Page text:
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I have the following code:

MatchCollection matches = myRegEx.Matches(content);

bool result = (from Match m in matches
               where m.Groups["name"].Value.Length > 128
               select m).Any();

Is there a way to do this using the Linq extension method syntax? Something like this..

bool result = matches.Any(x => ... );
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6 Answers 6

up vote 44 down vote accepted
matches.Cast<Match>().Any(x => x.Groups["name"].Value.Length > 128)

You just need to convert it from an IEnumerable to an IEnumerable<Match> (IEnumerable) to get access to the linq extension provided on IEnumerable.

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Who is down voting every answer on here? This answer gets my upvote, cognrats. –  Kevin Kalitowski Sep 1 '11 at 18:03
    
+1 I'm trying to figure out why this was downvoted. I'm not seeing it. –  Jason Sep 1 '11 at 18:03
    
I'm really confused as to how this got down voted as it is correct –  msarchet Sep 1 '11 at 18:04
    
A lot of answers got downvoted. I've given a similar answer, but one which I hope is slightly fuller. –  Jon Skeet Sep 1 '11 at 18:05
    
This works, just make sure you are using System.Linq else it will give a syntax error –  Ash Berlin Sep 9 '11 at 10:30

When you specify an explicit range variable type, the compiler inserts a call to Cast<T>. So this:

bool result = (from Match m in matches
               where m.Groups["name"].Value.Length > 128
               select m).Any();

is exactly equivalent to:

bool result = matches.Cast<Match>()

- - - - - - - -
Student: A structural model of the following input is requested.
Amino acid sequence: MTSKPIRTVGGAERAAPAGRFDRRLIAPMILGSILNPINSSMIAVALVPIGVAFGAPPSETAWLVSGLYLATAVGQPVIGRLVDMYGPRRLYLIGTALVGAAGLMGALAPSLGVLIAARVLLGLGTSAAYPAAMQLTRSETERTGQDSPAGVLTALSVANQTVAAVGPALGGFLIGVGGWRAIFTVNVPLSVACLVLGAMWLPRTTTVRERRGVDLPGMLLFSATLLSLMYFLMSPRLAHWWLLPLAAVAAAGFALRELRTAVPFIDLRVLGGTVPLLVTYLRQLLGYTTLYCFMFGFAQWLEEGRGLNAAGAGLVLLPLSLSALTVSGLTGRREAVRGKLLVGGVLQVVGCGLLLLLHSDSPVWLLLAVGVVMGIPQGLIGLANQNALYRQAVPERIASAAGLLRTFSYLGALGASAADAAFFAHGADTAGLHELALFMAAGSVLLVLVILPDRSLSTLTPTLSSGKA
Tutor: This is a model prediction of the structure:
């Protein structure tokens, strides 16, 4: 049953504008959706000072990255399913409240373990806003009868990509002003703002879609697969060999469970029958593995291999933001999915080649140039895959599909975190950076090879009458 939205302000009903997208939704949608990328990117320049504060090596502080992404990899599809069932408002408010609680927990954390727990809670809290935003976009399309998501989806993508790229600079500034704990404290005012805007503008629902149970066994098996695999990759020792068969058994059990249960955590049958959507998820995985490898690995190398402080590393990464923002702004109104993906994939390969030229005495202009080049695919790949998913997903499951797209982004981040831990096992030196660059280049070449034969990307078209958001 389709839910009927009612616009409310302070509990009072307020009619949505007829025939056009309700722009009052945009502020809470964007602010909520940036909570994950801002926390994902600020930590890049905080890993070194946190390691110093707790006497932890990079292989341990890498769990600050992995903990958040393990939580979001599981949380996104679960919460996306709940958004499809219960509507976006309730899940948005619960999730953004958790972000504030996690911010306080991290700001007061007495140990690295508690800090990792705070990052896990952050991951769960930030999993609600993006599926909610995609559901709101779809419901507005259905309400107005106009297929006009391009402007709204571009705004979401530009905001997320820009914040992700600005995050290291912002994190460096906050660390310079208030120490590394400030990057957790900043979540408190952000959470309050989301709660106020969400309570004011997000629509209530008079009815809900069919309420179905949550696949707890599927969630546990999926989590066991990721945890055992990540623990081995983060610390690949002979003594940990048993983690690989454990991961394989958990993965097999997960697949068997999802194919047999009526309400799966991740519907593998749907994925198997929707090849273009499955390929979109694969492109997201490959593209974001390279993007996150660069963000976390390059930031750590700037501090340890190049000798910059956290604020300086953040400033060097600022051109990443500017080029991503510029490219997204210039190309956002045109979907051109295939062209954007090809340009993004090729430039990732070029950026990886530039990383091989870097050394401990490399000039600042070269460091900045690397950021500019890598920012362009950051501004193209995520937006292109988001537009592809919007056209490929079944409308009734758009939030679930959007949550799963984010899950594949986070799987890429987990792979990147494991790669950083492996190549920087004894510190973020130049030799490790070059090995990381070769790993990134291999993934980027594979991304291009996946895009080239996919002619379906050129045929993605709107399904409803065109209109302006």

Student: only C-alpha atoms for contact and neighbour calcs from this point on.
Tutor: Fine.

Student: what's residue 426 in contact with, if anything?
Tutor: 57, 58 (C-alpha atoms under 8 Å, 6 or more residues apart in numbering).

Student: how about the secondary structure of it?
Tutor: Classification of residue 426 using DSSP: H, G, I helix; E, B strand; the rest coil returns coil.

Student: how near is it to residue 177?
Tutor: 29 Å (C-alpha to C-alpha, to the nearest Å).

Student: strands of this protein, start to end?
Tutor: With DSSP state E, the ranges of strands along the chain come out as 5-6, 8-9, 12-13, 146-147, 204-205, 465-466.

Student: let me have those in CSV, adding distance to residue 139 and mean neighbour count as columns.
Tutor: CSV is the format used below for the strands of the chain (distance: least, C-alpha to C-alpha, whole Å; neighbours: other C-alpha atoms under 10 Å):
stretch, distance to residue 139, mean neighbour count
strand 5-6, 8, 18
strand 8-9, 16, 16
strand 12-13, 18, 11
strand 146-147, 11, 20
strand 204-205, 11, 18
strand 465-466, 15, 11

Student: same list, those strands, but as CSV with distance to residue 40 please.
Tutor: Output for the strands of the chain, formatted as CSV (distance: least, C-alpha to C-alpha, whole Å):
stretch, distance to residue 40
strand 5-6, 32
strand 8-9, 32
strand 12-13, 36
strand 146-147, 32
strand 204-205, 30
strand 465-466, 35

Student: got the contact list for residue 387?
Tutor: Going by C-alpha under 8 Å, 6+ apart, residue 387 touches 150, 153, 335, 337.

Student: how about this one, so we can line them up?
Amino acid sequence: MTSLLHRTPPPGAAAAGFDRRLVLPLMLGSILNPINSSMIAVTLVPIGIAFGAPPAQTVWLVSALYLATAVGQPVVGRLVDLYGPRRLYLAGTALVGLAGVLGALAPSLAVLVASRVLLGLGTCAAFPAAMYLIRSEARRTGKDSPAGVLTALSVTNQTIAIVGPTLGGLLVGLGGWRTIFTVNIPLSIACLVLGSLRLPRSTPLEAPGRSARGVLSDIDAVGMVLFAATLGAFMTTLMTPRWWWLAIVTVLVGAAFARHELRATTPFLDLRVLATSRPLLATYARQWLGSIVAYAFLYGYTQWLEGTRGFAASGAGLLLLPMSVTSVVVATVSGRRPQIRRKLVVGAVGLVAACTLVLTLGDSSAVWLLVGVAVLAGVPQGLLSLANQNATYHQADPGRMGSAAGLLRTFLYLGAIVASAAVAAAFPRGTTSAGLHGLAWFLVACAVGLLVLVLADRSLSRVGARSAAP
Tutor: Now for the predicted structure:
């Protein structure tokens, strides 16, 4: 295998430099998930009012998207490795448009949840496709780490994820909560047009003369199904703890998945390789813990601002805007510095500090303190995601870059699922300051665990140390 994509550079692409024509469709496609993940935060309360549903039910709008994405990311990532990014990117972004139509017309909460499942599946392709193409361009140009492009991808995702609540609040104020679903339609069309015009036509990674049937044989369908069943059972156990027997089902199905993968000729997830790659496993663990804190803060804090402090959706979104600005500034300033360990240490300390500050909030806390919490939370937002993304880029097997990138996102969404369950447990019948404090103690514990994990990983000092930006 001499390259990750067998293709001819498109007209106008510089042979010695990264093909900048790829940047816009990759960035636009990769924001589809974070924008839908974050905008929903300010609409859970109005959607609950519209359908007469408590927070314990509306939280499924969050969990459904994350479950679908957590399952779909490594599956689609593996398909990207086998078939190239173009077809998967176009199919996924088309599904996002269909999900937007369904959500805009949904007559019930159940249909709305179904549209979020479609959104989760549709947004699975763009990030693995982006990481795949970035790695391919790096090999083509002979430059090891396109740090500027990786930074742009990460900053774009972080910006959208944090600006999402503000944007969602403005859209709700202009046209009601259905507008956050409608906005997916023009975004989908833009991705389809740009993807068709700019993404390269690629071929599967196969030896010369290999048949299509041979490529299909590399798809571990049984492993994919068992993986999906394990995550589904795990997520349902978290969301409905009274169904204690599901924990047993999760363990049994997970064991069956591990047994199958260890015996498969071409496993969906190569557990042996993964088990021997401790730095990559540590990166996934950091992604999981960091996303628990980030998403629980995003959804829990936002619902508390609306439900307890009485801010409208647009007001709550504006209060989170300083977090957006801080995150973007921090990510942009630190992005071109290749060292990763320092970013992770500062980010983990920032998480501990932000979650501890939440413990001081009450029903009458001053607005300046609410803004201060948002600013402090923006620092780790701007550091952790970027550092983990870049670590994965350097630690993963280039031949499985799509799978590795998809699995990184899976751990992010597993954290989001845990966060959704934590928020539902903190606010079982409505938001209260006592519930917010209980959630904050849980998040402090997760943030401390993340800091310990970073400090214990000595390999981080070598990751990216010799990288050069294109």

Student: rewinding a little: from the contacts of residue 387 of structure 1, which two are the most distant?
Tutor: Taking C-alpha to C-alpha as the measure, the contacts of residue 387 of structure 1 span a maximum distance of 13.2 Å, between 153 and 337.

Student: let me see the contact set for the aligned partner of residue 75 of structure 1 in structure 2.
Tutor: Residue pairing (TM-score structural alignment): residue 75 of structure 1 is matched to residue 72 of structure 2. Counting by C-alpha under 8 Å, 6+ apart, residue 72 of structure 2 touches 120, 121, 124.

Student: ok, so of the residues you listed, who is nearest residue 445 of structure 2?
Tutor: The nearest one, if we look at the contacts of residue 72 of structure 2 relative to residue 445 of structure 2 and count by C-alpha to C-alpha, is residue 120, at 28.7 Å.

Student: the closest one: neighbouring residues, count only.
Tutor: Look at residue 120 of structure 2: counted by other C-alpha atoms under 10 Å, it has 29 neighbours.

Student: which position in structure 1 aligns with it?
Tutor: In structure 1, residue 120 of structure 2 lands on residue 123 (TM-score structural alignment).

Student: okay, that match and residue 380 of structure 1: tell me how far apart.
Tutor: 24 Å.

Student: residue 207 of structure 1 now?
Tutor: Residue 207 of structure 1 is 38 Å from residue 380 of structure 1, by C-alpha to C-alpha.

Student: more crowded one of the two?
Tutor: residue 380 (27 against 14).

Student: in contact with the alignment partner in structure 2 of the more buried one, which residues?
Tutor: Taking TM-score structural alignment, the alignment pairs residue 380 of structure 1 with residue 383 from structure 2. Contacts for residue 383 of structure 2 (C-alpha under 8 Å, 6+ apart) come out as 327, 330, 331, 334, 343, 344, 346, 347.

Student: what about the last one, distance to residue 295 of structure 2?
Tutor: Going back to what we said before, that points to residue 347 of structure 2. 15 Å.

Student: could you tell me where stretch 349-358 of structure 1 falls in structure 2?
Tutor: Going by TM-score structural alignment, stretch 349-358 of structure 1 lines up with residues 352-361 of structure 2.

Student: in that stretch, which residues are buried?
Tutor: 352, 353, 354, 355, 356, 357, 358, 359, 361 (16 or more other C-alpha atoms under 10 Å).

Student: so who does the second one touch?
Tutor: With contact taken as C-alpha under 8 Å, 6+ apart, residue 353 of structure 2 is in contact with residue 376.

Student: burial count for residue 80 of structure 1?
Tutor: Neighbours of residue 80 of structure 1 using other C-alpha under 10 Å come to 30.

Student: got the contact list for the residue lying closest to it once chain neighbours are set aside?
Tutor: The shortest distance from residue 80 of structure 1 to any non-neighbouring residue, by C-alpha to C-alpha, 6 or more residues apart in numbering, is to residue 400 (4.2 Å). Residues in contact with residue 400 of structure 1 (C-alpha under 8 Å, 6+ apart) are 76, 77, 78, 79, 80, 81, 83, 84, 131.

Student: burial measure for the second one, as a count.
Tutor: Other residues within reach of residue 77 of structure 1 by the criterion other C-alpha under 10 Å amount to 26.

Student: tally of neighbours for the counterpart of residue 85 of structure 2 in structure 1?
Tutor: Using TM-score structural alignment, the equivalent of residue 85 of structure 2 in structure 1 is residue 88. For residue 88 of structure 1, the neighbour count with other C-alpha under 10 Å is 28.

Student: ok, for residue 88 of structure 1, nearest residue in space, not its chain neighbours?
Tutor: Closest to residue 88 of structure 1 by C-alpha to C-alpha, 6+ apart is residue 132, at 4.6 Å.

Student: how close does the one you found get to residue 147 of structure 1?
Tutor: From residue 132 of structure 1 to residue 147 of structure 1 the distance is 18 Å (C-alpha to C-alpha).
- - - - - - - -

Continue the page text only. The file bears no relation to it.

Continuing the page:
.Where(m => m.Groups["name"].Value.Length > 128)
                     .Any();

which can also be written as:

bool result = matches.Cast<Match>()
                     .Any(m => m.Groups["name"].Value.Length > 128);

In this case the Cast call is required because MatchCollection only implements ICollection and IEnumerable, not IEnumerable<T>. Almost all the LINQ to Objects extension methods are targeted at IEnumerable<T>, with the notable exceptions of Cast and OfType, both of which are used to convert a "weakly" typed collection (such as MatchCollection) into a generic IEnumerable<T> - which then allows for further LINQ operations.

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On MSDN: Enumerable.Cast<TResult> Method –  DavidRR May 1 at 18:45

Try this:

var matches = myRegEx.Matches(content).Cast<Match>();

For reference, please see Enumerable.Cast:

Converts the elements of an IEnumerable to the specified type.

Basically it's one way of turning an IEnumerable into an IEnumerable<T>.

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+1 I'm trying to figure out why this was downvoted. I'm not seeing it. –  Jason Sep 1 '11 at 18:03
    
@Jason: Most likely someone was trying to boost their answer. –  Andrew Hare Sep 1 '11 at 18:04

You can try something like this:

List<Match> matchList = matches.Cast<Match>().Where(m => m.Groups["name"].Value.Length > 128).ToList();
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I think it would be something like this:

bool result = matches.Cast<Match>().Any(m => m.Groups["name"].Value.Length > 128);
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No. The whole point is that MatchCollection only implements IEnumerable. It is not strongly-typed. –  Jason Sep 1 '11 at 18:01
    
@Jason right, good point, now updated –  pstrjds Sep 1 '11 at 18:06

EDIT:

 public static IEnumerable<T> AsEnumerable<T>(this IEnumerable enumerable)
 {
      foreach(object item in enumerable)
          yield return (T)item;
 }

Then you should be able to call this extension method to turn it into an IEnumerable:

 matches.AsEnumerable<Match>().Any(x => x.Groups["name"].Value.Length > 128);
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This is better than mine, I didn't remember that Any took a predicate. –  pstrjds Sep 1 '11 at 18:00
    
No. The whole point is that MatchCollection only implements IEnumerable. It is not strongly-typed. –  Jason Sep 1 '11 at 18:00
    
@Jason except that it is Castable to an IEnumberable<T> via IEnumberable.Cast<T> –  msarchet Sep 1 '11 at 18:03
    
@msarchet: Yes, I know, which is why I upvoted your answer. This answer, before the edit, wouldn't have even compiled. –  Jason Sep 1 '11 at 18:04
    
Updated with potential fix. –  Tejs Sep 1 '11 at 18:05

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